Part 2 of a 6-part series. Radical, Militant, Uncompromising Self-Care: A Black Woman’s Manifesto.
I have been at war with my body for as long as I remember. At first, my mom was at war with my body. It didn’t shed baby fat fast enough. My breasts got too large too soon. The hourglass figure needed to be hidden because I was too young for all those curves. And there was that fat again.
For a while I let that be her battle. I felt just fine. I was strong and active. But when I decided to go to boarding school, my mom panicked. I was about to go and live among white girls. I had to look better. They were all going to be skinny. I needed to get skinny too. So, my mom took me to a nutritionist who weaponized her ostensible medical training and told me I would be unloved and unsuccessful as long as I was fat.
I went from a size 18 to a size 14 in 1988. I was proud of my accomplishment. That hourglass figure of mine was a thing to behold at size 14. My mom bought me this beautiful peach house dress with a tailored bodice and a full skirt. I was going to be a black princess in the dorm.
In August of that year, my father came into my bedroom while my mom and siblings were away and tried to rape me.
I have only recently begun using the word “rape” because I didn’t want to say it or think it. It wasn’t violent, so it couldn’t be rape. He was trying to use every tool in the box to get me to provide some form of consent. I imagine that way whatever happened would be my fault. It is was horrifying and disgusting.
He seemed to give up and walk away from the room. I wasn’t sure if or when he would return. I jumped out of bed, closed and locked the door, got dressed, climbed out of the window, and ran to my aunt’s apartment under 1/2 mile away. In the middle of night.
When my mom came to collect me, I screamed like someone was trying to kill me, begging her not to make me go back to that house. That night I climbed into the same bed I had fled, this time with my sister next to me like everything was normal.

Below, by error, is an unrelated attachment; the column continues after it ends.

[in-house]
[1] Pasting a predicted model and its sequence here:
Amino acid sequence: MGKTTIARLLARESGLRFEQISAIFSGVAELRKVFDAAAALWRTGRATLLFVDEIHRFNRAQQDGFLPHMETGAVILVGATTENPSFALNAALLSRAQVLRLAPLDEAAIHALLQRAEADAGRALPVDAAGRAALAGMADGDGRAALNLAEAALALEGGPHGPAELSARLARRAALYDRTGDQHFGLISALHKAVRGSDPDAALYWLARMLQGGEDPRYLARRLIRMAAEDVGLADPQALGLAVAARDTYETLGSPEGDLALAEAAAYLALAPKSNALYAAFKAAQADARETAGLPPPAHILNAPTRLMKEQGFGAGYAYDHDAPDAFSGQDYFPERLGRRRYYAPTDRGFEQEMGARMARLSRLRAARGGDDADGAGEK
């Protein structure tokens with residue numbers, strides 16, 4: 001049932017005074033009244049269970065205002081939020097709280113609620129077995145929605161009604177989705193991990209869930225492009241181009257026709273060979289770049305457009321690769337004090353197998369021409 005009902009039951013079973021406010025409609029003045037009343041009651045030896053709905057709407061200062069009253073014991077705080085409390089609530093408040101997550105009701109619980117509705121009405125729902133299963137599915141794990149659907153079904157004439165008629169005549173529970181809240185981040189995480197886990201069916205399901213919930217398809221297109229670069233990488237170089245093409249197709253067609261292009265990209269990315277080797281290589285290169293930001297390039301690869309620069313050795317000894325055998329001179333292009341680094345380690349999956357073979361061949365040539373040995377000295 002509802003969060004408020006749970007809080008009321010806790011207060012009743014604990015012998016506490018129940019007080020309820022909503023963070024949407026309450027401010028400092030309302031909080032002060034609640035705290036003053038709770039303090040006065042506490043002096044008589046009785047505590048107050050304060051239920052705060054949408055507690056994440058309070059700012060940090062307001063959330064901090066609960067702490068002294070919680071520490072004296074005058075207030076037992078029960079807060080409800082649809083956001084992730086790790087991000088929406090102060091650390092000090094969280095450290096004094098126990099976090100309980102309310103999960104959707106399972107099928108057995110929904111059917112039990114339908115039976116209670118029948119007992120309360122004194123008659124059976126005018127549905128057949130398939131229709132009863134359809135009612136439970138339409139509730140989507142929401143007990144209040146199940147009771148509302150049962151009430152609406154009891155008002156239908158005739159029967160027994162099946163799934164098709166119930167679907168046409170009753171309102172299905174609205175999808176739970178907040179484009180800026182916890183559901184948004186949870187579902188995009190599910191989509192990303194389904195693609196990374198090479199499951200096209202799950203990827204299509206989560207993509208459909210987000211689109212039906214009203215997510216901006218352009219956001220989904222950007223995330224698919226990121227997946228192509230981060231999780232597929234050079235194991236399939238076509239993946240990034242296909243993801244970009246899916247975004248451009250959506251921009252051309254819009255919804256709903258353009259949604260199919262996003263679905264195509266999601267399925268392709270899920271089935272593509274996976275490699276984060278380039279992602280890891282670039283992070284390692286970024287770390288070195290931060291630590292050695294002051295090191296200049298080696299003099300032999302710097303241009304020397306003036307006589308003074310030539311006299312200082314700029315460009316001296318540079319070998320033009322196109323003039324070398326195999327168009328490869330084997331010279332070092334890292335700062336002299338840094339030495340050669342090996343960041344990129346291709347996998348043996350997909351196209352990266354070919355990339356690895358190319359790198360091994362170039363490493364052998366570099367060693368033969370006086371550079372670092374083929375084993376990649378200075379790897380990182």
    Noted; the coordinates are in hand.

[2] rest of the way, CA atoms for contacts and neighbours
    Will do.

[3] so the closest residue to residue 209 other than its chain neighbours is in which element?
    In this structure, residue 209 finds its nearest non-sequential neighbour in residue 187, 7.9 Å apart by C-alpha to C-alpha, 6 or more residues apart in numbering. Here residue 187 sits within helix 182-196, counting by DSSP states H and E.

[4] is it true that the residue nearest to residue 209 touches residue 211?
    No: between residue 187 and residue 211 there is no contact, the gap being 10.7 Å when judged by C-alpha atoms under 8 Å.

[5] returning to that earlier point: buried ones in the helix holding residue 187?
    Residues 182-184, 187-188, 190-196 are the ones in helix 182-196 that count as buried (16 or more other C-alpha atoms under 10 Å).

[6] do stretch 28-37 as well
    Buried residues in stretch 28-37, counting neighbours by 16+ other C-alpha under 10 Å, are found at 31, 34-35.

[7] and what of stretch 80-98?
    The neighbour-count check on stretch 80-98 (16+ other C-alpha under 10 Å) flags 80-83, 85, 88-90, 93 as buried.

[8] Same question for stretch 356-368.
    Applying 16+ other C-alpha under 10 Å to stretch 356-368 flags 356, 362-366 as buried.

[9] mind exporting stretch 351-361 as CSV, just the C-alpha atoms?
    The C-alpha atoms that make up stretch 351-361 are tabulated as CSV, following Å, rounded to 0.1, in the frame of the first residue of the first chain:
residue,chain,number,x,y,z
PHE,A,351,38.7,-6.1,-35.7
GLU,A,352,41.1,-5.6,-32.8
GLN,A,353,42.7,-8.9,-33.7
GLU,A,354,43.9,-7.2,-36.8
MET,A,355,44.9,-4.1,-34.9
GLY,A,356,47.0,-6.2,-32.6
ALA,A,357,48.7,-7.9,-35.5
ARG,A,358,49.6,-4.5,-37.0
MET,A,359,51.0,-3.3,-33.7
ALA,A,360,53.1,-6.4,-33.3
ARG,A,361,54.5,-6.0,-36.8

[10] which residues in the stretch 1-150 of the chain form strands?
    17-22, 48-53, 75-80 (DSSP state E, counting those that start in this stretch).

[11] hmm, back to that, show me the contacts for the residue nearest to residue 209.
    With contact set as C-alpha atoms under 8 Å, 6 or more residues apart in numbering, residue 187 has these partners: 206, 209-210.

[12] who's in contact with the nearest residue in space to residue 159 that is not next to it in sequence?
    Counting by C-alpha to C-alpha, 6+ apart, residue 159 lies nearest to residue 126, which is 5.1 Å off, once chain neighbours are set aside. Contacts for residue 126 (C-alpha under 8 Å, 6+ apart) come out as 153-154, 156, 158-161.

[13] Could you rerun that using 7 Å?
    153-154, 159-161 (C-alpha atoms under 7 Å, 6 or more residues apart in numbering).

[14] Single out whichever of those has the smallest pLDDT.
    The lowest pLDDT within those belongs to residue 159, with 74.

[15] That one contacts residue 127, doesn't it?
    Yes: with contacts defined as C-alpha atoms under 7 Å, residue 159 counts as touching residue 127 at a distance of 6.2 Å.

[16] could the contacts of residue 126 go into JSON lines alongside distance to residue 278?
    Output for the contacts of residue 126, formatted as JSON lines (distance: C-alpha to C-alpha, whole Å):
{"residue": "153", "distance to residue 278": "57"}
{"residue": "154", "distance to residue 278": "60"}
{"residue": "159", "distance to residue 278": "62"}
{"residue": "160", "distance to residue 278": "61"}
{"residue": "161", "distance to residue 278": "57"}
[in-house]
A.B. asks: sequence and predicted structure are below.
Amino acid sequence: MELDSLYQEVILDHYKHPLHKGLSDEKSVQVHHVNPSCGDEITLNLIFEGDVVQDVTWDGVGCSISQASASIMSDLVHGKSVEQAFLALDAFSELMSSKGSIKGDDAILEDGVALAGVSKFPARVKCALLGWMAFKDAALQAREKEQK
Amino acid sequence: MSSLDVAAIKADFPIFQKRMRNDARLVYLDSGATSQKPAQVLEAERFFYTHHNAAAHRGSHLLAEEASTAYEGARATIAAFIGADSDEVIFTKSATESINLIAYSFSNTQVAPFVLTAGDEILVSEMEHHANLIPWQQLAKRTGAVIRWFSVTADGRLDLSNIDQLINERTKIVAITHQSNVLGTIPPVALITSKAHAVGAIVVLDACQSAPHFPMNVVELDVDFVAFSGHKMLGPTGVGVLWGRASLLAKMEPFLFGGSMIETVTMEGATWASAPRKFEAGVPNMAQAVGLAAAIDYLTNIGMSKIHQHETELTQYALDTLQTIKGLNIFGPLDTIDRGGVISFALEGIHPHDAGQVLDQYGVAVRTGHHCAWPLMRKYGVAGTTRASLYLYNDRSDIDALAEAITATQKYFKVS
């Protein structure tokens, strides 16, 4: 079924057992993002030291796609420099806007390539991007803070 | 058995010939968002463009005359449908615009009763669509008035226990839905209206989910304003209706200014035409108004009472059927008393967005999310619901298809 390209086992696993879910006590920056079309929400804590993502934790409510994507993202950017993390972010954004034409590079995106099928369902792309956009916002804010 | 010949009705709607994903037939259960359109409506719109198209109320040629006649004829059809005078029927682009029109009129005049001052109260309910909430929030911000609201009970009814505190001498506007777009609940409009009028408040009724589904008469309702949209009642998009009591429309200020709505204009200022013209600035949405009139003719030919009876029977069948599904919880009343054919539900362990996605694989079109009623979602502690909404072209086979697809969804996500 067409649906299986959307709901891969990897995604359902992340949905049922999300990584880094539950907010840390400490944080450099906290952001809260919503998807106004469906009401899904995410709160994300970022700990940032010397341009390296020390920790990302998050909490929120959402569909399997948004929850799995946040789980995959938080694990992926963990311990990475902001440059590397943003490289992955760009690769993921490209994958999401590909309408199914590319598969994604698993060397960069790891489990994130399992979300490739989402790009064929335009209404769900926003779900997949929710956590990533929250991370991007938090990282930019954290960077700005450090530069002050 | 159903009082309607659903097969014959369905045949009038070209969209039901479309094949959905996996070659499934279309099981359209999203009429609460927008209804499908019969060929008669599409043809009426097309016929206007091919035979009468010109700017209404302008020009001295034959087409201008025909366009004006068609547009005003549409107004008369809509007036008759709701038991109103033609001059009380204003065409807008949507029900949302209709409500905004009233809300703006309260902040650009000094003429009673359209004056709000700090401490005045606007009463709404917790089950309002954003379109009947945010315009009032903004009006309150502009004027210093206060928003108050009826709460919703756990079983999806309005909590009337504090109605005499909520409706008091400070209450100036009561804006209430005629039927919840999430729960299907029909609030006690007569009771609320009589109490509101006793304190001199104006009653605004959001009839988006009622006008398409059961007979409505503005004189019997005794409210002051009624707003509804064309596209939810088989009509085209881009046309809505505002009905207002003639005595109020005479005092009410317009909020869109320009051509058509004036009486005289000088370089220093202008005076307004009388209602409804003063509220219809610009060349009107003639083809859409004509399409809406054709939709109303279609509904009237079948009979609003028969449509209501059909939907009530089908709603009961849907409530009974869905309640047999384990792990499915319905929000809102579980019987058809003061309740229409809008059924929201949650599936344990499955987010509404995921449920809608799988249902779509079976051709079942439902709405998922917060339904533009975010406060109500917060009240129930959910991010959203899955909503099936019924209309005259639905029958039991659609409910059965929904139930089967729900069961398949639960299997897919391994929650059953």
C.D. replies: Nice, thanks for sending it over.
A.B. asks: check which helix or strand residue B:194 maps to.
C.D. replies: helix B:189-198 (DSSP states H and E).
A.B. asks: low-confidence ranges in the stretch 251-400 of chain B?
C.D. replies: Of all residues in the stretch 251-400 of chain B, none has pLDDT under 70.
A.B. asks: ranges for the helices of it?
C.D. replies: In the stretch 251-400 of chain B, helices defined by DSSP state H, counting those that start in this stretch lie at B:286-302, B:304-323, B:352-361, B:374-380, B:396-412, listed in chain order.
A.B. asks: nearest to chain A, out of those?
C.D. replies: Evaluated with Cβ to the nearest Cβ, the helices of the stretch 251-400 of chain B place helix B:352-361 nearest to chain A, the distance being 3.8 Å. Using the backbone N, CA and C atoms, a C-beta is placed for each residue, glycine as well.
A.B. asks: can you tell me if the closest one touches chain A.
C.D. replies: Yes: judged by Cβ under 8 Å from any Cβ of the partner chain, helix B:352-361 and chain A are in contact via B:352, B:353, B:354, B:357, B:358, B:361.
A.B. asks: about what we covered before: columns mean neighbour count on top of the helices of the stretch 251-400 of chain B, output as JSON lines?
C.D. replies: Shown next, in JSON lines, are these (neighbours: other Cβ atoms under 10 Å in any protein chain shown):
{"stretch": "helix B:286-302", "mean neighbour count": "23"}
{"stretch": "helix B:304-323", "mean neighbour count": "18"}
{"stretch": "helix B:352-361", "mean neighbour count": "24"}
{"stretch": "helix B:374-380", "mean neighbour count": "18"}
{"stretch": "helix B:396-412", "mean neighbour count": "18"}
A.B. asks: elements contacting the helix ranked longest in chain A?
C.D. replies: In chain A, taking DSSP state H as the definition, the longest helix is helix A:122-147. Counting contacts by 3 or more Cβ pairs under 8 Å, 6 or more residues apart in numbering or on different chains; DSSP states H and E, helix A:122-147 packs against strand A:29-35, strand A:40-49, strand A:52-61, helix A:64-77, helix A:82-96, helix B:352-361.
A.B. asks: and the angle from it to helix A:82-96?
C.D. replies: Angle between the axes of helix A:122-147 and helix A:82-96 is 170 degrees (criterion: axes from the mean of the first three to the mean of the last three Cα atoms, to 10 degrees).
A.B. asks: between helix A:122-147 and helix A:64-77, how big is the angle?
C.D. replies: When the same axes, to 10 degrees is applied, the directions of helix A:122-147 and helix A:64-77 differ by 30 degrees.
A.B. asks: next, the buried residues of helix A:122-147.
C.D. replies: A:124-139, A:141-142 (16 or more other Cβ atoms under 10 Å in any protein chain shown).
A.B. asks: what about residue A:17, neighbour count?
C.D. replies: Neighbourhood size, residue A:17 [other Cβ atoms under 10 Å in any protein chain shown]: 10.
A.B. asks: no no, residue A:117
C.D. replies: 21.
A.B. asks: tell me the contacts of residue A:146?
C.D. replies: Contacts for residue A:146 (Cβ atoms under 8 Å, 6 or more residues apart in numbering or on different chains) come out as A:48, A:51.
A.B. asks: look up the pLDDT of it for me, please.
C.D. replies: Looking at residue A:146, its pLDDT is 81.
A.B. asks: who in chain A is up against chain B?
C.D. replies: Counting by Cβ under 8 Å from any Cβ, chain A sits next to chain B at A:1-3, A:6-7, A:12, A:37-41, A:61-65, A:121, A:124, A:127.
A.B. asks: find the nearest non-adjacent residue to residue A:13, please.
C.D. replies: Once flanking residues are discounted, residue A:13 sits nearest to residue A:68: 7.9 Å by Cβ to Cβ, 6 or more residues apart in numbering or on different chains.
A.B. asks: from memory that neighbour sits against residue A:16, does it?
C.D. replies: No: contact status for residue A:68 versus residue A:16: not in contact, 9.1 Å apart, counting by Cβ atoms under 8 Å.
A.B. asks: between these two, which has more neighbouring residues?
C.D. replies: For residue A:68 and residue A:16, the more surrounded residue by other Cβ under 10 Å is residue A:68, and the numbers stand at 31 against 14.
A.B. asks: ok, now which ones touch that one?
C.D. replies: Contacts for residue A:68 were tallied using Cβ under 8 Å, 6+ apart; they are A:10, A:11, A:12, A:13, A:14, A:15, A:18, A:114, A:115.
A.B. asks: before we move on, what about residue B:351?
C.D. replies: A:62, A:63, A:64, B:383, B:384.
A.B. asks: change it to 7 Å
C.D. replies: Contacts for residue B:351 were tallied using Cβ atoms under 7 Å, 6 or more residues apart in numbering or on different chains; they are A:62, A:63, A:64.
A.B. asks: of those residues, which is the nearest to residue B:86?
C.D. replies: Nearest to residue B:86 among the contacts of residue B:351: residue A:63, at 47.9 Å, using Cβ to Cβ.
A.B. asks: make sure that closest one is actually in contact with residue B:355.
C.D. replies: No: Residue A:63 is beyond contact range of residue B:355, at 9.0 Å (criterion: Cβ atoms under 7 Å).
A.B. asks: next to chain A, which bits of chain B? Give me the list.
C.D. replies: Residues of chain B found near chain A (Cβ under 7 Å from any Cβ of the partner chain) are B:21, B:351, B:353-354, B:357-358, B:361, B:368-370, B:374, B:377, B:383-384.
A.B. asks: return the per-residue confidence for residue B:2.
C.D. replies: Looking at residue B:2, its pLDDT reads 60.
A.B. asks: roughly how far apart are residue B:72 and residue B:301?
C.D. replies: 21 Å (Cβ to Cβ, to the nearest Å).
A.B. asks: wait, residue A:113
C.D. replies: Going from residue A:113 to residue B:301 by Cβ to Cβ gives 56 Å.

During the family counseling that followed, I learned that it was my fault for prancing around in that little peach house dress. He was doing his job as a father to prepare me for the world that awaited me when I left the house. I don’t recall that moment when a therapist is supposed to stop the proceedings and tell me directly and unequivocally that it was not my fault. I don’t know that anyone ever said that to me. They may have.
I escaped to boarding school in September of 1988. I gained 70 pounds by Thanksgiving break. I weighed more than I ever had. When my mom saw me at the airport, I could see the heartbreak in her eyes.
Just as I am, my mom is a product of her world. She didn’t trust that I would be safe among white people, especially if I were so different from them. She didn’t have many real life examples of marriage or “traditional nuclear” family life to draw on, and the ones on TV weren’t helpful. My mom loves her children fiercely in the way she knows how. My academic and professional successes are in part due to her commitment to bringing out what she saw in me. She sacrificed a great deal to make me happen. It has taken more than half my life to forgive her and to see the choices she made from her perspective. I am grateful she gave me the opportunity by asking for forgiveness and explaining her choices. Forgiving her, however, hasn’t translated into absolving myself.
I’ve made several attempts over the years to lose weight, but there is this pattern I can’t break. I get to a point where everything is working. I am losing weight. I’m toning up. I look in the mirror and see my glorious hourglass figure. It’s not long after that that everything falls apart again.
I’m taking a new tactic now. In addition to confronting the trauma of that event head on, I’m taking the smallest and most feasible steps to physical wellness. Unlike years past, I’m not going to dive headfirst into some massive plan. I’m not going to try to compete in a triathlon in a few months time. In someone’s reality, that would be totally feasible, but in mine, it will only set me up for failure. I’m doing things that don’t trigger flight or freeze. Things that just make me feel good.
I have hated my body for what it did to me. I have resented it and wanted to ignore it. I have lived as a disembodied head. Now I have committed to fully occupying my body. If we can’t have comity, we will have détente. Maybe I will prove myself a worthy caretaker over time.
We’ll shall see.
In February 2015, I shared my story publicly for the first time at the Memphis Monologues, an event of Planned Parenthood of Greater Memphis where local women reimagine Eve Ensler’s Vagina Monologues and share personal stories.